11:46 AM, Feb 27, 2015 • By DANIEL HALPER
Matthew Continetti, writing for the Washington Free Beacon:
The emerging nuclear deal with Iran is indefensible. The White House knows it. That is why President Obama does not want to subject an agreement to congressional approval, why critics of the deal are dismissed as warmongers, and why the president, his secretary of state, and his national security adviser have spent several weeks demonizing the prime minister of Israel for having the temerity to accept an invitation by the U.S. Congress to deliver a speech on a subject of existential import for his small country. These tactics distract public attention. They turn a subject of enormous significance to American foreign policy into a petty personal drama. They prevent us from discussing what America is about to give away.
And America is about to give away a lot. This week the AP reported on what an agreement with Iran might look like: sanctions relief in exchange for promises to slow down Iranian centrifuges for 10 years. At which point the Iranians could manufacture a bomb—assuming they hadn’t produced one in secret. Iran would get international legitimacy, assurance that military intervention was not an option, and no limitations on its ICBM programs, its support for international terrorism, its enrichment of plutonium, its widespread human rights violations, and its campaign to subvert or co-opt Iraq, Yemen, Lebanon, and Syria. Then it can announce itself as the first Shiite nuclear power.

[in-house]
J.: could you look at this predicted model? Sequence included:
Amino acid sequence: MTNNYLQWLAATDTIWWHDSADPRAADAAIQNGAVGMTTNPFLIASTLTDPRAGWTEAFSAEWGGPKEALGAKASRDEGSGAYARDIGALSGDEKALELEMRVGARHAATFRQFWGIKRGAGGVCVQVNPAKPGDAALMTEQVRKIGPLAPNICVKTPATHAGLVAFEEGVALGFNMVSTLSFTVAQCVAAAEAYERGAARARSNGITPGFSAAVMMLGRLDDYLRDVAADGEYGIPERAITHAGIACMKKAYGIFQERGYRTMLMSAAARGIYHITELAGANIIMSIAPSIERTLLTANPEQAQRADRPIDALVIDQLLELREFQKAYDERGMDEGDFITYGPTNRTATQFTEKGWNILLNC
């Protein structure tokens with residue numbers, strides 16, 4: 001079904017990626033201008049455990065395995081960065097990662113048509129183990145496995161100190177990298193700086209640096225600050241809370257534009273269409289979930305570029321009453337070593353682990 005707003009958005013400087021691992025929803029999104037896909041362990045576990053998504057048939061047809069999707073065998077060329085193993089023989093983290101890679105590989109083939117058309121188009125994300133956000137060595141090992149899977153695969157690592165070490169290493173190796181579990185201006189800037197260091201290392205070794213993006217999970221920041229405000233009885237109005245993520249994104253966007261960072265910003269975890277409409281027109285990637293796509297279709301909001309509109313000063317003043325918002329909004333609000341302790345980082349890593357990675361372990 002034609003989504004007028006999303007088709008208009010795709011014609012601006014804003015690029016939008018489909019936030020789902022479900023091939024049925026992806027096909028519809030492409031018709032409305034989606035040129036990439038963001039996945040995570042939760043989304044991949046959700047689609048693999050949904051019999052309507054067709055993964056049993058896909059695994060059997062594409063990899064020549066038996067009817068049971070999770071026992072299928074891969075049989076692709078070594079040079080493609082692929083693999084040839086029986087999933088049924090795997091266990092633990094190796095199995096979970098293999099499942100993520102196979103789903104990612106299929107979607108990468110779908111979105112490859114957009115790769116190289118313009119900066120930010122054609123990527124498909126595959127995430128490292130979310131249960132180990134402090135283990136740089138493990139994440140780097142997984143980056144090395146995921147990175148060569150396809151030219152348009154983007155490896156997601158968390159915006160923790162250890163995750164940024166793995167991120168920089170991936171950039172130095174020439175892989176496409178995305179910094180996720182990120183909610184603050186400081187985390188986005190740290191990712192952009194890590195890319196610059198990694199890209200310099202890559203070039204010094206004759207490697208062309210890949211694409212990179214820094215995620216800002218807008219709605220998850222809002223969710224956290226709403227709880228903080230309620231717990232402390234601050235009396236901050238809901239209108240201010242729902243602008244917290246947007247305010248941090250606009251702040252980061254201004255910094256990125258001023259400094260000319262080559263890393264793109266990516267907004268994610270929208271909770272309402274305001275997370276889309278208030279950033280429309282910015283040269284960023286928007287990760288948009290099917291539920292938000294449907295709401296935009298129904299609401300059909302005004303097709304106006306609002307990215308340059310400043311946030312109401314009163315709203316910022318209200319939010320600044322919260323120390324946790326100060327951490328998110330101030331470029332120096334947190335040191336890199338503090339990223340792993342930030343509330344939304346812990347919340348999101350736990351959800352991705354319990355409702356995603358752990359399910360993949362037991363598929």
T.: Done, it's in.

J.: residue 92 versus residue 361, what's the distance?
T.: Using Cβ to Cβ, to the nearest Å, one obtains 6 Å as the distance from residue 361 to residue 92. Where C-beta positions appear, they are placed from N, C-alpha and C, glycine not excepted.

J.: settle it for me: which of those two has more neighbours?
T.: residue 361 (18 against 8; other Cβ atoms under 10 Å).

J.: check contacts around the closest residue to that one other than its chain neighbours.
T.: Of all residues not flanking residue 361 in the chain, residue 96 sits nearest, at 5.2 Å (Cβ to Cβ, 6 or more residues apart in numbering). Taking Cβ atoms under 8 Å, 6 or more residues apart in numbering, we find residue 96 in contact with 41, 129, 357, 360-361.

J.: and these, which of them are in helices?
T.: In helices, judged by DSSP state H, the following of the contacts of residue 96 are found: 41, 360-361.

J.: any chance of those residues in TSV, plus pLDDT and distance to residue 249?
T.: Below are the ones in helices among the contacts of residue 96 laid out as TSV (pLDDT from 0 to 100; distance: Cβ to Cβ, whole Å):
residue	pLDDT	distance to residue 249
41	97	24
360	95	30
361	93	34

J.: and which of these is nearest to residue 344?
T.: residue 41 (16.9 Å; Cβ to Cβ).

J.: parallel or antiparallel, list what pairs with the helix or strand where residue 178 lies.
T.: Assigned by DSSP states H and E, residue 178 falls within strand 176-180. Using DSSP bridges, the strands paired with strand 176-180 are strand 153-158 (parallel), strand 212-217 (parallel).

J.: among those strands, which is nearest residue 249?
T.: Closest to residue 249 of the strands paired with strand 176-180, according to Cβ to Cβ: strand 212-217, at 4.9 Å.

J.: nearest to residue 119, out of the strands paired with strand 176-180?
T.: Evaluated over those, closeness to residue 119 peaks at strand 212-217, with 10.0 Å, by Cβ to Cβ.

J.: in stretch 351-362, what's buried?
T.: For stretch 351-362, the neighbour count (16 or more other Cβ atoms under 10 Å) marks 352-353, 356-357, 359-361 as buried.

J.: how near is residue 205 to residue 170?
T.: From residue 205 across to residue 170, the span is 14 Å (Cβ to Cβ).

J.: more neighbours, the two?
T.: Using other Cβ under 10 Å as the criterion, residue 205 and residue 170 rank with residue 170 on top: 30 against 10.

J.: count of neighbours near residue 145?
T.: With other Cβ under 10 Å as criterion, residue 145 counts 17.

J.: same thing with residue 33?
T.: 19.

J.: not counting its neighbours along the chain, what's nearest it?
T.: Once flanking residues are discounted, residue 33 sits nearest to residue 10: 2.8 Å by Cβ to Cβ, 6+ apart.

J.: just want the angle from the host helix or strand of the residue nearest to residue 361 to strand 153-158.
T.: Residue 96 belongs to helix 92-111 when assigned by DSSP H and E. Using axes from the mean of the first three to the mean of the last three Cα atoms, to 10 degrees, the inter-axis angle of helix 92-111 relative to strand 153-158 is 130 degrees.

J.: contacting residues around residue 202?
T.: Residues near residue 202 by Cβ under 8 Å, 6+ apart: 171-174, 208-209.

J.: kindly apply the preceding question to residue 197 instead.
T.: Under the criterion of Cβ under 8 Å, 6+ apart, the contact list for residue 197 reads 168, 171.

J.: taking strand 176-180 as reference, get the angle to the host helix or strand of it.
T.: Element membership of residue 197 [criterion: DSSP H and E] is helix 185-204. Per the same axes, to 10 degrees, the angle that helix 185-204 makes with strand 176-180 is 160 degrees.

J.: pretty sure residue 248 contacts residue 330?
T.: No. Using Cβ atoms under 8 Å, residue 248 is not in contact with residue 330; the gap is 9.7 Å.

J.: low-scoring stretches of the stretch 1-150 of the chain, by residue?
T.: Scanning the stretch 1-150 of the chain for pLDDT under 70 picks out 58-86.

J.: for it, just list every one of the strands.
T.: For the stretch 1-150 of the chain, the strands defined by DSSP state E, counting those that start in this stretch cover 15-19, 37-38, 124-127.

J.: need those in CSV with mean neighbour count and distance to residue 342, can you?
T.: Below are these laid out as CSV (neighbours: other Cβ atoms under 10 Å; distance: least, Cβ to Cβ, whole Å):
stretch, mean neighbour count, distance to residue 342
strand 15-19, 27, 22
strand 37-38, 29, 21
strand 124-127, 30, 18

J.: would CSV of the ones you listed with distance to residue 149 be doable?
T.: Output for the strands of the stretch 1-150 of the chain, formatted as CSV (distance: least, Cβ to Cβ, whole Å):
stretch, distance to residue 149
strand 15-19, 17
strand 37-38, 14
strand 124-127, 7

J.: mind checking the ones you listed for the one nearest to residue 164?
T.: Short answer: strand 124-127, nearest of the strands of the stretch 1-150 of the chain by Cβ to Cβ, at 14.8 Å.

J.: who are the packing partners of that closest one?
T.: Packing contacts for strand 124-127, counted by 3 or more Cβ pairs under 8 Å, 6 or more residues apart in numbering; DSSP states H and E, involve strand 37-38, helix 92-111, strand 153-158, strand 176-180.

And America? Liberals would flatter themselves for avoiding a war. Obama wouldn’t have to worry about the Iranians testing a nuke for the duration of his presidency. And a deal would be a step toward the rapprochement with Iran that he has sought throughout his years in office. The EU representative to the talks, for example, says a nuclear agreement “could open the way for a normal diplomatic relation” between Iran and the West, and could present “the opportunity for shaping a different regional framework in the Middle East.” A regional framework, let it be said, that would leave American interests at risk, Israel one bomb away from a second Holocaust, nuclear proliferation throughout the Middle East, and Islamic theocrats in charge of a large part of a strategic and volatile region.
I feel safer already.
Whole thing here.
Mar 9, 2015, Vol. 20, No. 25 • By WILLIAM KRISTOL
Sometimes a speech is just a speech. Benjamin Netanyahu’s speech about Iran policy on March 3 will not be his first address to Congress. It will make familiar, if important, arguments. One might assume that, like the vast majority of speeches, it would soon be overtaken by events in Israel and the United States and the world.
9:10 AM, Feb 26, 2015 • By ELLIOTT ABRAMS
The crisis between the United States and Israel has been manufactured by the Obama administration. Building a crisis up or down is well within the administration’s power, and it has chosen to build it up. Why? Three reasons: to damage and defeat Netanyahu (whom Obama has always disliked simply because he is on the right while Obama is on the left) in his election campaign, to prevent Israel from affecting the Iran policy debate in the United States, and worst of all to diminish Israel’s popularity in the United States and especially among Democrats.
The enemy of my enemy is my enemy’s enemy.Mar 2, 2015, Vol. 20, No. 24 • By LEE SMITH
Last week, outgoing chief of staff of the Israel Defense Forces Benny Gantz told an American audience that it’s important the international community defeat both camps of regional extremists. The way Gantz sees it, on one side there are Sunni radicals, like the Islamic State, al Qaeda, the Muslim Brotherhood, and the Nusra Front, an al Qaeda affiliate. On the Shiite side are Iran and the Revolutionary Guards expeditionary unit, the Quds Force, as well as Hezbollah and Iranian-backed Iraqi Shiite militias.